Undertones: How India’s far-right spreads Islamophobia

Illustration by Global Voices

This story is part of Undertones, Global Voices’ Civic Media Observatory's newsletter. Find out more about our missionmethodology, and publicly available dataSubscribe to Undertones.

Muslims in India are seeing their homes, history, and mosques being dismantled. Muslim schools are becoming secular, Muslim rulers are disappearing from history books, mosques are being converted into Hindu temples, and state forces have physically demolished Muslim-owned homes and businesses. Indian Muslims are under threat.

Even India’s iconic Taj Mahal monument, a world-renowned Muslim mausoleum built by a Mughal emperor to honor his late wife in the 17th century, is now under question. More and more hyper-nationalist Hindus – within media ecosystems rife with Islamophobia – are convinced that the Taj Mahal was, in fact, built over a Hindu temple and so must be repurposed that way, even though the case was settled by Indian courts in 2017.

Ever since Narendra Modi, who is from the Bharatiya Janata Party (BJP), came to power in 2014, extreme pro-Hindu narratives entered the mainstream. Islamophobia is rampant in political discourses, which is then amplified by mainstream media and pro-Hindu groups online, creating feedback loops. The basis of the BJP party’s philosophy is Hindutva – a political ideology that seeks Hindu supremacy in all avenues, including the nation-state.

India is home to one of the world's largest Muslim populations, but Muslims are still a minority within the country. In its 2011 census, Muslims comprised 14.2 percent of the population, while Hindus accounted for 79 percent. 

Voices critical of the government’s Islamophobia are few and far between. Online, posts that speak on behalf of Muslims’ rights are hyperlocal and do not garner much engagement. When they do attract attention, right-wing trolls verbally attack and threaten them. Modi’s government has dubbed all critics “enemies of India,” which may further quell freedom of speech.

Dangerous narratives

1. “All Islamic structures in India should be demolished or converted to Hindu temples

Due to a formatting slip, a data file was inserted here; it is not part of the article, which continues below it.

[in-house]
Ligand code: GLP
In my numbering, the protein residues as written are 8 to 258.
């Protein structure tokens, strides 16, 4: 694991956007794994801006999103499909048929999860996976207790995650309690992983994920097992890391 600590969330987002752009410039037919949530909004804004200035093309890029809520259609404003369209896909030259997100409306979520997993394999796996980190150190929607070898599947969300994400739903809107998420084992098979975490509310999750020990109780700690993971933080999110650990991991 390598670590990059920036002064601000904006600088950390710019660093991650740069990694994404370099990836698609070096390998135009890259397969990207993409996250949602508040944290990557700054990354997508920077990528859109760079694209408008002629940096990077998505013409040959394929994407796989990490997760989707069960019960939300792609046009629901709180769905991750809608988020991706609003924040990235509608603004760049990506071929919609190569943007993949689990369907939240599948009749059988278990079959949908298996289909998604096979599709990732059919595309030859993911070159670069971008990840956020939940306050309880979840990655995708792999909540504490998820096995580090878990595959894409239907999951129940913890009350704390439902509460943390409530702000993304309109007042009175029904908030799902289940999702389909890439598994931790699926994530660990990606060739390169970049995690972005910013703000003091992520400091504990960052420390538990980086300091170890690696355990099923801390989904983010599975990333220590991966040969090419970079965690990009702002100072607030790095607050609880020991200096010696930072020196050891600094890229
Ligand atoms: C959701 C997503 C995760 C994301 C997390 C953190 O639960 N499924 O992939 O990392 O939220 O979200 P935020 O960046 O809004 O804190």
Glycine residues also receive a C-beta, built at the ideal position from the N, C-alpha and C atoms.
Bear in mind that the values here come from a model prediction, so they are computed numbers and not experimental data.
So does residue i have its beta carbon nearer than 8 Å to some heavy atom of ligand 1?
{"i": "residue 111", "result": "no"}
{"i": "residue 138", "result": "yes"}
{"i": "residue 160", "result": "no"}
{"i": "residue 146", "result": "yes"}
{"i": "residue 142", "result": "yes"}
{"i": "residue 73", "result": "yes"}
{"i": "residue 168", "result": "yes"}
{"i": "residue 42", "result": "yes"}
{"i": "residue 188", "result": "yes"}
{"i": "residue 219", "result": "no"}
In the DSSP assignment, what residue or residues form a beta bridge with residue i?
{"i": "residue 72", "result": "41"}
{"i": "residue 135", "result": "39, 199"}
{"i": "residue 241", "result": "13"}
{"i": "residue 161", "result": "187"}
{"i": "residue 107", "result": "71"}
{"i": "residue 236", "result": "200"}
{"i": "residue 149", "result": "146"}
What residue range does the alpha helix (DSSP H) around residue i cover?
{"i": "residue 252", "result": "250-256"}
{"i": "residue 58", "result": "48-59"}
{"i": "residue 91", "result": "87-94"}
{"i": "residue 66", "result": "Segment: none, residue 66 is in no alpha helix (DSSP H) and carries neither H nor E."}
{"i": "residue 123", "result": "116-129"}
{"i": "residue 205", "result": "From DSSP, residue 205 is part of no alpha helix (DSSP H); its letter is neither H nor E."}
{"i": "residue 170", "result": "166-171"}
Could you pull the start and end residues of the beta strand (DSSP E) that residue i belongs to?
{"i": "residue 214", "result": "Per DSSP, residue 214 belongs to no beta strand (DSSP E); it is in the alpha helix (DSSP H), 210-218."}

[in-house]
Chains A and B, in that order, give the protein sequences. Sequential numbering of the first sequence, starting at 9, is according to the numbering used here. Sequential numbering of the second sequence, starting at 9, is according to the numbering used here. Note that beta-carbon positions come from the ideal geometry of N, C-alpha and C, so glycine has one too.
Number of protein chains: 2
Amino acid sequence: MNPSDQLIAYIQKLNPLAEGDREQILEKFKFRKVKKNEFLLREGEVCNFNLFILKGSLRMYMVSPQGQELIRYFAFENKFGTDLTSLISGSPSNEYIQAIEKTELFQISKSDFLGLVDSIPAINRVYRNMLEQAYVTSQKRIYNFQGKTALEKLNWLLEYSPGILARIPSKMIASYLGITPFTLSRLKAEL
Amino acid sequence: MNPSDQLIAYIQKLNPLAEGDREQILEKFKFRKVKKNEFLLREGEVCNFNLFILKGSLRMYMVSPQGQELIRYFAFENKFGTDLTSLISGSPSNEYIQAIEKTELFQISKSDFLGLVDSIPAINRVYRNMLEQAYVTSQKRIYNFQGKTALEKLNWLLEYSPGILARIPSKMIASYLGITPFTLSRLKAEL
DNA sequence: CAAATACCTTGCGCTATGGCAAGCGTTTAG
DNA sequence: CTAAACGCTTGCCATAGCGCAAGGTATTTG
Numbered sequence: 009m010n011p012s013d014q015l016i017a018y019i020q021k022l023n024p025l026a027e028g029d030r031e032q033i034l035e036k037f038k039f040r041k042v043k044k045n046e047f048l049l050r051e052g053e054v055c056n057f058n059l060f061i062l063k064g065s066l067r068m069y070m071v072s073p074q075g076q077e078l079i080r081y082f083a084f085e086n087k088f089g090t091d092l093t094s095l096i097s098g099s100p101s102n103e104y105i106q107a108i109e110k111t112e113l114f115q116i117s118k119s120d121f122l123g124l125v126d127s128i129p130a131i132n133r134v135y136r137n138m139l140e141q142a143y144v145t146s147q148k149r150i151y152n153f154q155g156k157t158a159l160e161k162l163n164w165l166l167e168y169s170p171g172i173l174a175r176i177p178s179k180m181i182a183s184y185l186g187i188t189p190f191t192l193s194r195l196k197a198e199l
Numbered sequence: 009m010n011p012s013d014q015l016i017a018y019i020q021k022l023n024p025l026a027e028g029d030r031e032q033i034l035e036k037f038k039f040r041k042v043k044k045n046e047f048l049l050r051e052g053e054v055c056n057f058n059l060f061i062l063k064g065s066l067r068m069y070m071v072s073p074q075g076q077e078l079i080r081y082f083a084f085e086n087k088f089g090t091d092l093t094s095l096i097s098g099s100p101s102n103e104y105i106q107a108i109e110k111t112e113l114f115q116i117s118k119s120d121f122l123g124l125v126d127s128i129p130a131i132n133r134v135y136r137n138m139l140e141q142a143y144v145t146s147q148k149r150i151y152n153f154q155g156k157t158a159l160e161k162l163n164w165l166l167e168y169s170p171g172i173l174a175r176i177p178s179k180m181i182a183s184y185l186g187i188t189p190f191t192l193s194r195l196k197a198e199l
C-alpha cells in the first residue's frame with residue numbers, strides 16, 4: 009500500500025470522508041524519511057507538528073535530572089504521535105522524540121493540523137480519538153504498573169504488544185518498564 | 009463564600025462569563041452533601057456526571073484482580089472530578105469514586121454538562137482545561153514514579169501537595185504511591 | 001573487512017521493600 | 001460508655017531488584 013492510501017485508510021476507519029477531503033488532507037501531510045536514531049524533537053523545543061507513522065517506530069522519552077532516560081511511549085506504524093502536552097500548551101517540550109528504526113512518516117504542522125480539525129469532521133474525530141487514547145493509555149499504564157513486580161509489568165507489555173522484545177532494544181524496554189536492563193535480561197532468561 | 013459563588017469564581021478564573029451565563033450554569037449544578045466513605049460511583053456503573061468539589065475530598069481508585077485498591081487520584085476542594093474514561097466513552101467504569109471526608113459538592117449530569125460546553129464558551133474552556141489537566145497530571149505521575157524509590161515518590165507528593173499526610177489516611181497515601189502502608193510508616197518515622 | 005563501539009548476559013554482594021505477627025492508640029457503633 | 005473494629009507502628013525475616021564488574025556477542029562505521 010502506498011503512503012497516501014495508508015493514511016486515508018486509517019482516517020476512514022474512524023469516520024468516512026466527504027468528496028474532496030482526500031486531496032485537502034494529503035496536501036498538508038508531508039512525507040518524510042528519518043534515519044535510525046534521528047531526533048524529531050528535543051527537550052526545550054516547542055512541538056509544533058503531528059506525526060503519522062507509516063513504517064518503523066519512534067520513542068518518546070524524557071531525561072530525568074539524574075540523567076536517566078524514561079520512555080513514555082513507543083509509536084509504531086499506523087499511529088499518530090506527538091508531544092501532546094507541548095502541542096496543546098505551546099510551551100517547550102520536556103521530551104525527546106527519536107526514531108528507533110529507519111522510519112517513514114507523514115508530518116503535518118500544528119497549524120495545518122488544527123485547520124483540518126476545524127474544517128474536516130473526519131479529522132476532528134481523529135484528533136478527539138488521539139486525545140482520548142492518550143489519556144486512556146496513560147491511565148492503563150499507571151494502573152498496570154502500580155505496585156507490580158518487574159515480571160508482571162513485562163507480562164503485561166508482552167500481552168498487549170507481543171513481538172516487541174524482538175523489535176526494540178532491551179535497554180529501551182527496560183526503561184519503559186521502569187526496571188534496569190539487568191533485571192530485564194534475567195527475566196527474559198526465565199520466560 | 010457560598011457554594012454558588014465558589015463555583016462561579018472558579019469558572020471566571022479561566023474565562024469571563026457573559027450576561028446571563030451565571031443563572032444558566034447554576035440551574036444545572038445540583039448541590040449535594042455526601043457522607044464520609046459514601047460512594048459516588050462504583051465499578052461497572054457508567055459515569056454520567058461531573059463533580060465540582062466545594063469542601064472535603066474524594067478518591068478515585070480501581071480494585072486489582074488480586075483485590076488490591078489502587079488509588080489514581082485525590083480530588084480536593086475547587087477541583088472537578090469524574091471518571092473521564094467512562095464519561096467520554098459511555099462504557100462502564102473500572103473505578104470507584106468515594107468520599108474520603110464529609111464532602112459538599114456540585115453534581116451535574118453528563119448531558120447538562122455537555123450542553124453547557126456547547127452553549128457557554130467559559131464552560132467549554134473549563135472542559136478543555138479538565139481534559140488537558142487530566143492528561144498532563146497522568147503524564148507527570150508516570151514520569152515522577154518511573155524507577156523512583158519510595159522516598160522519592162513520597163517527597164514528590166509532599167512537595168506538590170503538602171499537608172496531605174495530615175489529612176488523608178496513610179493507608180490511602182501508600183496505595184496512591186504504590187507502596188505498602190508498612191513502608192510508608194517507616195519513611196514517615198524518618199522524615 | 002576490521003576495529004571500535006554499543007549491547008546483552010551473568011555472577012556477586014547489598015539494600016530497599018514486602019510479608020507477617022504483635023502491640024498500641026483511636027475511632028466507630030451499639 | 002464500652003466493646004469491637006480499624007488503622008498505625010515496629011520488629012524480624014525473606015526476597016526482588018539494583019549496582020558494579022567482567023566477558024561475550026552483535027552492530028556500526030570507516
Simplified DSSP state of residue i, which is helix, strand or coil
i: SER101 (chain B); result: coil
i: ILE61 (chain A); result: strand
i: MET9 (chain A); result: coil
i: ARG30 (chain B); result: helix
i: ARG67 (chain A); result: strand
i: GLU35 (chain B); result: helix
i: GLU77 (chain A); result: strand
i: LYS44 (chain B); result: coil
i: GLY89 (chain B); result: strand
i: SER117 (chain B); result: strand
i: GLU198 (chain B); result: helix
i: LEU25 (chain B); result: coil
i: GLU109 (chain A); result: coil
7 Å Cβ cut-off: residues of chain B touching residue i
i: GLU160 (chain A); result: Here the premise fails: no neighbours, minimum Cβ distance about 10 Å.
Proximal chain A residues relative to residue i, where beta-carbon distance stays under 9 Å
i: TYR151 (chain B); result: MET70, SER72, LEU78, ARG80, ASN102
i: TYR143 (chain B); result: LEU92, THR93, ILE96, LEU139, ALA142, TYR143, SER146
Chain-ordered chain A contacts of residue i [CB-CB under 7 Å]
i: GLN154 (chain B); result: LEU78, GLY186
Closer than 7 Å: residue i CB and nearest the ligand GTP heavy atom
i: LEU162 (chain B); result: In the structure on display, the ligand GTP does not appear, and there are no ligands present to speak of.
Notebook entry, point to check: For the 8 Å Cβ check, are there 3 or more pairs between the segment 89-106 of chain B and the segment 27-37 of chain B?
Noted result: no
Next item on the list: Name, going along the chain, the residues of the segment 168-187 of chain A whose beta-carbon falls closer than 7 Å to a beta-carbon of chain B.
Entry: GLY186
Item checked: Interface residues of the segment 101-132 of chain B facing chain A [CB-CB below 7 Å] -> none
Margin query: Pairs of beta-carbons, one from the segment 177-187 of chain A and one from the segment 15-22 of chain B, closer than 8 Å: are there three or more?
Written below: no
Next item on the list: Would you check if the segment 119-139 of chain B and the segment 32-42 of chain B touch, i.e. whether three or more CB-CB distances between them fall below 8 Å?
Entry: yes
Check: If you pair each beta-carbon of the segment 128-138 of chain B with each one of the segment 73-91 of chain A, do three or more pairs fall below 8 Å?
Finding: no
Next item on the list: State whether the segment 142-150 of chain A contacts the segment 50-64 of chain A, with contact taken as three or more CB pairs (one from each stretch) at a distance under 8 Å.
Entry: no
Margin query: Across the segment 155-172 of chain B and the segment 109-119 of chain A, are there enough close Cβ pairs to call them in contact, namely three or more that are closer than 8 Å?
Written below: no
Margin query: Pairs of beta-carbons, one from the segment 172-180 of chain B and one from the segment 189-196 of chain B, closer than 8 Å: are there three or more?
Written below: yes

The ruling party and other hyper-nationalist Hindu groups are asserting that all Islamic structures in India, like mosques and monuments, were built either on Hindu land or ancient Hindu temples. For them, these structures need to be demolished and converted to give justice to Hindus.

This narrative erupted in 1992 with the demolition of the 500-year-old Babri Mosque based on claims that it was built over a Ram (Hindu God) temple. The BJP and its ideological parent, the RSS, launched a campaign against the mosque and tore it down, leading to conflict, riots, and the death of hundreds of Muslims and Hindus.

Currently, right-wing groups are targeting the famous Gyanvapi mosque in northern India, and also the Taj Mahal. They presented a petition to the courts claiming that the Taj Mahal is originally a Shiva (Hindu God) temple. This narrative has been circulating on Instagram, Telegram, and Whatsapp groups.

How it plays out online

A nationalist Hindu page on Instagram posted two side-by-side photos, one of Babri Mosque, which was demolished by right-wing Hindu extremists in 1992, and another of the Gyanvapi Mosque. The post claims that what happened in 1992 must also come to pass in 2022, thereby encouraging Hindu groups to demolish the Gyanvapi mosque. The post garnered 3k likes and enthusiastic messages calling for the mobilization of Hindus. (See the analysis here)

In our analysis, this post ranked the lowest point on the Observatory’s civic impact score (-3) because it incites violence and has reached a large audience.

The following post shows criticism of anti-Muslim peddling. The local opinion page, Ulta chasma uc, sarcastically points out that while young people in the state of Uttar Pradesh struggle with unemployment, the BJP-led state government “is busy finding idols in mosques and building temples.” (See the analysis here)